We live in a modern age where visiting London means taking a reel of selfies and photos that you can take home and show off to your friends and family. Or, if you are doing things more traditionally, you can print out your shots for a photo album! Even Meghan Markle has got a tourist photo posing in front of Buckingham Palace as a young girl, so there is no excuse not to get them all under your belt.
Now, you probably have a checklist of iconic landmarks and monuments to photograph like Trafalgar Square or Tower Bridge, but you probably aren’t familiar with all the photo opportunities in and around Paddington itself. So, here are the best spots that will show your Facebook friends and Instagram followers that you did a full-city tour, rather than just the must-see landmarks that everyone has heard of.
Marble Arch is both a street that’s just a short walk from The Devonshire London, as well as a historic landmark at the corner of Hyde Park, by Speakers Corner. It is an exquisite architectural triumph of a 19th-century white marble-faced arch that was designed in 1827 by John Nash as the state entrance to the cour d’honneur of Buckingham Palace. The arch is located on a reasonably busy road, so the best spot to take photographs of it is either from across the way in Portman Square or from behind it in Hyde Park, depending on the angle you are looking for.
Address: London W1H 7EJ
If you are staying in Westbourne Terrace London Hotel or any of the lovely hotels in Paddington, you are always only a few minute’s walk away from Hyde Park and Kensington Gardens. The gardens in themselves could fill endless photo albums, but if you walk to the Round Pond in front of Kensington Palace, you can get an incredible view and shot of the Palace from across the water. This abode, former home to royal residents like Queen Victoria and Princess Diana, is one of the most Instagrammable spots in London.
Address: Kensington Gardens, Kensington, London W8 4PX
Peter Pan Statue
Also in Kensington Gardens is the statue of J. M. Barrie’s fictional boy who didn’t want to grow up, Peter Pan. Appreciators of the children’s story and in general, of literature, will want to snap a picture next to this brass monument of Peter amongst brass companions of squirrels, rabbits, mice and fairies, that sits by the Long Water. It was built in 1912 by Sir George Frampton, commissioned by J. M Barrie himself, who used to live on Bayswater Road so he wanted his immortalized creation within walking distance.
Address: Kensington Gardens, Kensington, London W8 4PX
Edward Jenner Memorial
In the Italian Gardens, which straddles Hyde Park and Kensington Gardens, you will find the memorial of Edward Jenner. He was the physician, scientist and pioneer of the world’s first vaccine, so modern medicine owes a lot to his work. The artist, William Calder Marshall, was a famous Scottish sculptor. In general, the memorial is part of the beautiful Italian Gardens, making it a worthy photo-spot as well as one of historical importance.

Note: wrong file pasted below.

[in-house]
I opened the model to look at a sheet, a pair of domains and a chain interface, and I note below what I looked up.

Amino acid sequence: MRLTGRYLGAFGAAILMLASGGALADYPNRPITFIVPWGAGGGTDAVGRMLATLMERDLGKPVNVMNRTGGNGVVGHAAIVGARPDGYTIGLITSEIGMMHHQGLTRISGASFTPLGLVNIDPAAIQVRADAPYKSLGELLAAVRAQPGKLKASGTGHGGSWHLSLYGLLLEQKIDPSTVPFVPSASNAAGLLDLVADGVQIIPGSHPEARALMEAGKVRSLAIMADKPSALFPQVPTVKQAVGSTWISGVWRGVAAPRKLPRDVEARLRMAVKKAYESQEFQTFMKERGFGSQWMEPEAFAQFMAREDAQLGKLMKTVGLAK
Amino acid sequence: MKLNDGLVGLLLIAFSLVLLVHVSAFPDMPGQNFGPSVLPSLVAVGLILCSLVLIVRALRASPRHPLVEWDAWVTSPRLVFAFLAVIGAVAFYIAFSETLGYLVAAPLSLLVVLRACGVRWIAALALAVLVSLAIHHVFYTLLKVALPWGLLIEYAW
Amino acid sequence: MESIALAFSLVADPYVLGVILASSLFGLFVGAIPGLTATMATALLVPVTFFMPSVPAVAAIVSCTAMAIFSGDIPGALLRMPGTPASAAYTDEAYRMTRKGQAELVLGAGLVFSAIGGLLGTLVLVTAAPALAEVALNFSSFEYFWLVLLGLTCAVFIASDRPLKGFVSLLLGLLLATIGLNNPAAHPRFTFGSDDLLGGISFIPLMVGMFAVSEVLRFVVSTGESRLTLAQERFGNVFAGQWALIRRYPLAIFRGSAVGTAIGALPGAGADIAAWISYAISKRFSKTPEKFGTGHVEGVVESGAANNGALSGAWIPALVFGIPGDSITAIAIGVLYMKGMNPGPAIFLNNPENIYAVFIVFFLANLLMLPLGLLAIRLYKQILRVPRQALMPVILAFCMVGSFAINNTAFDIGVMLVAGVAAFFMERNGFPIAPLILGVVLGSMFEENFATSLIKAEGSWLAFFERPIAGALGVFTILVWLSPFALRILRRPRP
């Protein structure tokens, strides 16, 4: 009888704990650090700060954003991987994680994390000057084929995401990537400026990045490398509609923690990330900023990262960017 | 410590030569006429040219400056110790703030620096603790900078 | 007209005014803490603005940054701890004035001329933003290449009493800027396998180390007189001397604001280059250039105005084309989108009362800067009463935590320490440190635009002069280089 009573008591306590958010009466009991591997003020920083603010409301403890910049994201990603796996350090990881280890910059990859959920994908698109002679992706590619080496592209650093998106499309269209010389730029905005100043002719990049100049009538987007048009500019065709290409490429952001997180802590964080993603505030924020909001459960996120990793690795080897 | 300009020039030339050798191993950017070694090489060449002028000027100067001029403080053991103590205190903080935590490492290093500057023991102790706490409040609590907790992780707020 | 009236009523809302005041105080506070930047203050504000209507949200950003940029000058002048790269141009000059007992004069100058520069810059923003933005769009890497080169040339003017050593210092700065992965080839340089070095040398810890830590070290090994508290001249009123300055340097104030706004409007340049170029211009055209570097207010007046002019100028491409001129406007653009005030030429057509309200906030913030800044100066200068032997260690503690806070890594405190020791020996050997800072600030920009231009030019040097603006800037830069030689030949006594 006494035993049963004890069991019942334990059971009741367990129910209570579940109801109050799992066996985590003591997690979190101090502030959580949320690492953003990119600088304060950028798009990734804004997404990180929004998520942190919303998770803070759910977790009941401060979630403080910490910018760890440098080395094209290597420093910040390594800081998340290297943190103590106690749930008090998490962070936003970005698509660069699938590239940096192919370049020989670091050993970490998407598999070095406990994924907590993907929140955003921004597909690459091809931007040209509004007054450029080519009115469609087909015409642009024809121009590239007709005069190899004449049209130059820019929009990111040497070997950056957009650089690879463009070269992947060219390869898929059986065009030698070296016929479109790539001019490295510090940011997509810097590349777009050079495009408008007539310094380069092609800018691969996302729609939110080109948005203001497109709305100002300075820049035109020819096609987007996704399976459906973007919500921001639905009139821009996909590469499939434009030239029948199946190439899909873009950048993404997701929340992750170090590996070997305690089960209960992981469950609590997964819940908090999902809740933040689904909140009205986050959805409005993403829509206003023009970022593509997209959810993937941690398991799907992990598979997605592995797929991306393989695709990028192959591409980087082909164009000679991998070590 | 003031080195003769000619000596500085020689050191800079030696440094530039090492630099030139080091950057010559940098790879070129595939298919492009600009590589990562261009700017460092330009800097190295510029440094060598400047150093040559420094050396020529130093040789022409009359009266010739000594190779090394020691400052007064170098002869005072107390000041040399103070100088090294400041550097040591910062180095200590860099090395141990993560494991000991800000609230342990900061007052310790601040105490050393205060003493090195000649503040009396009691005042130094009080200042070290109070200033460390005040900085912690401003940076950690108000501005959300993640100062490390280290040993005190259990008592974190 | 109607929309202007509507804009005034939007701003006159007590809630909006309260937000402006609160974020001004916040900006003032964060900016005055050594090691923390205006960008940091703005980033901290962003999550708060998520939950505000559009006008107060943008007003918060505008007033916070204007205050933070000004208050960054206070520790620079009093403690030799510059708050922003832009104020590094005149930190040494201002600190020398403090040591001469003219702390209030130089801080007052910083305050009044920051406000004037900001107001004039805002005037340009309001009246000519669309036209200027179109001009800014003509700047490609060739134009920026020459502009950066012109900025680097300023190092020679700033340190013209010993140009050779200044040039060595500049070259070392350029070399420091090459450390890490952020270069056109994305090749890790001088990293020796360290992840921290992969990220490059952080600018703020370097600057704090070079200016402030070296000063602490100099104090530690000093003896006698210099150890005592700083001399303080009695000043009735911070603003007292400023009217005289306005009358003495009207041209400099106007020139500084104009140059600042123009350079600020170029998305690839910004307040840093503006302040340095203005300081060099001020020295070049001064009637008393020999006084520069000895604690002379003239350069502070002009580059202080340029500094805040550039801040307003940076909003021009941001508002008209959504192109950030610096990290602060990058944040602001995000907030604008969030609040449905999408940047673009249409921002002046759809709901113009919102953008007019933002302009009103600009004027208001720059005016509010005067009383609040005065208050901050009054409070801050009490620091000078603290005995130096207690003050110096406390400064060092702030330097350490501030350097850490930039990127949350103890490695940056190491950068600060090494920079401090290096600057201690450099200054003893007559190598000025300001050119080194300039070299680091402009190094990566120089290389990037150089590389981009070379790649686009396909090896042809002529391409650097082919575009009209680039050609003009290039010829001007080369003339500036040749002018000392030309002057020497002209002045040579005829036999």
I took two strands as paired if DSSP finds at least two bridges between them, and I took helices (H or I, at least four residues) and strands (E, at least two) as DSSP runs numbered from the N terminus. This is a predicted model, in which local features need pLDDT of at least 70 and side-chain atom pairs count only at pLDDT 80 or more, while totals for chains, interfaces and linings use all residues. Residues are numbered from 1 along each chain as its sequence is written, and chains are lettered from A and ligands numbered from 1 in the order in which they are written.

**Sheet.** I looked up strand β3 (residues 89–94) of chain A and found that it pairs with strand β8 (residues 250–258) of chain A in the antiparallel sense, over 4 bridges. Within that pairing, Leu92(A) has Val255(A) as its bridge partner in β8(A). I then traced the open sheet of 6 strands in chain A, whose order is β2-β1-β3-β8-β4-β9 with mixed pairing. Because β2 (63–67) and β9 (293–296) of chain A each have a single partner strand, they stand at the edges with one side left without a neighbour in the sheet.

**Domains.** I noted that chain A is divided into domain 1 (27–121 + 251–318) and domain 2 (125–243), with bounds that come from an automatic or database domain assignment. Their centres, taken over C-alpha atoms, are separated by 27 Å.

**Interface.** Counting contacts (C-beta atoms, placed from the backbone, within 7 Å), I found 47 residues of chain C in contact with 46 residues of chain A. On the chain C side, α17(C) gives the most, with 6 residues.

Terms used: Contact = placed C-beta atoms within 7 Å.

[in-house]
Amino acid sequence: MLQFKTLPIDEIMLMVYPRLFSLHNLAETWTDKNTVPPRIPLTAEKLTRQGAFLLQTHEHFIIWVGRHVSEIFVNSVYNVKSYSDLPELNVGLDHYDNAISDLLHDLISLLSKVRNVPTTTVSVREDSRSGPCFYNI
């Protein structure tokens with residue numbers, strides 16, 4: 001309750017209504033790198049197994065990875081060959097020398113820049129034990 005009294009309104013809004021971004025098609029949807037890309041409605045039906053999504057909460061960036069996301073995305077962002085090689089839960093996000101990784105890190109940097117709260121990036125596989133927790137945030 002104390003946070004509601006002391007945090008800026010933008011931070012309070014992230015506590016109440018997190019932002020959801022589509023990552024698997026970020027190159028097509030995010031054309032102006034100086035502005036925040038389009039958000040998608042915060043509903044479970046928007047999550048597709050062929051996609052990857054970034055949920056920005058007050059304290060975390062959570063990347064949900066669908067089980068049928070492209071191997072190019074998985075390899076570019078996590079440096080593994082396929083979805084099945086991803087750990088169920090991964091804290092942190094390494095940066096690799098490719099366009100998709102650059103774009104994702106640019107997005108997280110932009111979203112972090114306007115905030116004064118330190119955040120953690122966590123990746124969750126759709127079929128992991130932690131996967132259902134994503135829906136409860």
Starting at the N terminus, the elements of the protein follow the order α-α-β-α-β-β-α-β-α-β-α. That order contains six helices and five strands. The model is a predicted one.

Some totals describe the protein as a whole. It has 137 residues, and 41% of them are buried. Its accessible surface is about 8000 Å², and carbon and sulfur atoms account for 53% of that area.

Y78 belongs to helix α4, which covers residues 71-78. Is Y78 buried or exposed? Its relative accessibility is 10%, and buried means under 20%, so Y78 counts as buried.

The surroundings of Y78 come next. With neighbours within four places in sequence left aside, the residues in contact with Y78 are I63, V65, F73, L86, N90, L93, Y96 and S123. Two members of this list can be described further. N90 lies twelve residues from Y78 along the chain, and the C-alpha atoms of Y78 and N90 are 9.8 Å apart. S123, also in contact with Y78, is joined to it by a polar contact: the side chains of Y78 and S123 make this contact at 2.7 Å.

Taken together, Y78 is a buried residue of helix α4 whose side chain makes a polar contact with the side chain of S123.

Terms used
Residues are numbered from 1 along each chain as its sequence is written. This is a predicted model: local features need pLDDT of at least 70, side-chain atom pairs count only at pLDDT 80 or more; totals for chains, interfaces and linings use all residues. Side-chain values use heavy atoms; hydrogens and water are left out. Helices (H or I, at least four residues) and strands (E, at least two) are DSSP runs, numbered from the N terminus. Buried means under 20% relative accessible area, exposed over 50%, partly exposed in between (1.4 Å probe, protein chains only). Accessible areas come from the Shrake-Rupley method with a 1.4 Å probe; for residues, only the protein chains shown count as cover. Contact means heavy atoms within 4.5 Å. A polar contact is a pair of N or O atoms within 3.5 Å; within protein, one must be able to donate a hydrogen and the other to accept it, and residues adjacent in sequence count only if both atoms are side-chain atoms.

Address: A402, London W2 2UD
Paddington train station – just around the corner from The Devonshire – is a famous London station that’s well-known mainly because it has been in existence since 1838. In itself, the station and iconic arched ceilings are a prime photo opportunity. Between the intricately designed metalwork by the windows’ archway and the big, old-fashioned clock, you have got a few compulsory snaps in the storage bank.
Those familiar with Paddington Station are often also familiar with the fictional children’s bear character named Paddington due to his arrival at the station from Peru. As of 2000, there is a bronze sculpture by Marcus Cornish of Paddington Bear in his iconic hat, sat on his suitcase and donning his name tag, and not getting in on a photo-op with him would be unbearably wasteful while you are exploring the area.
Address: Praed St, Paddington, London
The Rolling Bridge
A number of the best restaurants near Paddington are along the Grand Union Canal, which runs through Paddington all the way up to Leicester and all the way down to Birmingham. The section in Paddington is the Paddington Basin, where you will find The Rolling Bridge, which is an artistic, curling, moveable bridge that was created in 2004 by Thomas Heatherwick, a novelty experience to walk across, as well as a truly selfie-worthy sight to see. It works with two-part links, which collapse towards the deck with hydraulic cylinders to create the curling effect.
Address: S Wharf Rd, Paddington, London W2 1NW
The Grand Union Canal
While The Rolling Bridge is the most striking landmark on The Grand Union Canal, the canal in itself is a photo-worthy spot. Between the eclectic array of houseboats and barges, to the green corridor walls that line it, it is a beautiful route to walk or cycle down and enjoy the scenery. There are points along the way where you would hardly believe you are in the middle of a big city, rather than moseying down a countryside canal.
The Alexander Flemming Museum
The inventor of penicillin is memorialised in this small but impactful museum in Paddington. Fleming’s Nobel prize-winning discovery of this world-famous antibiotic is all nestled in this building that is packed with historical significance. Photographs are not permitted inside due to copyright, however a picture outside is a great opportunity, in order to show the scope of experience and exploration you have had on your trip to London Paddington.
Address: 135a Praed St, Paddington, London W2 1QY
Some of the best hotels in London England can be found within the relatively small neighbourhood of Paddington. This is incredibly lucky, considering what an amazing place it is and how much there is to do, eat and see there. Make sure you take your camera along with you so that you can get shots of some of these amazing photo opportunities when you visit.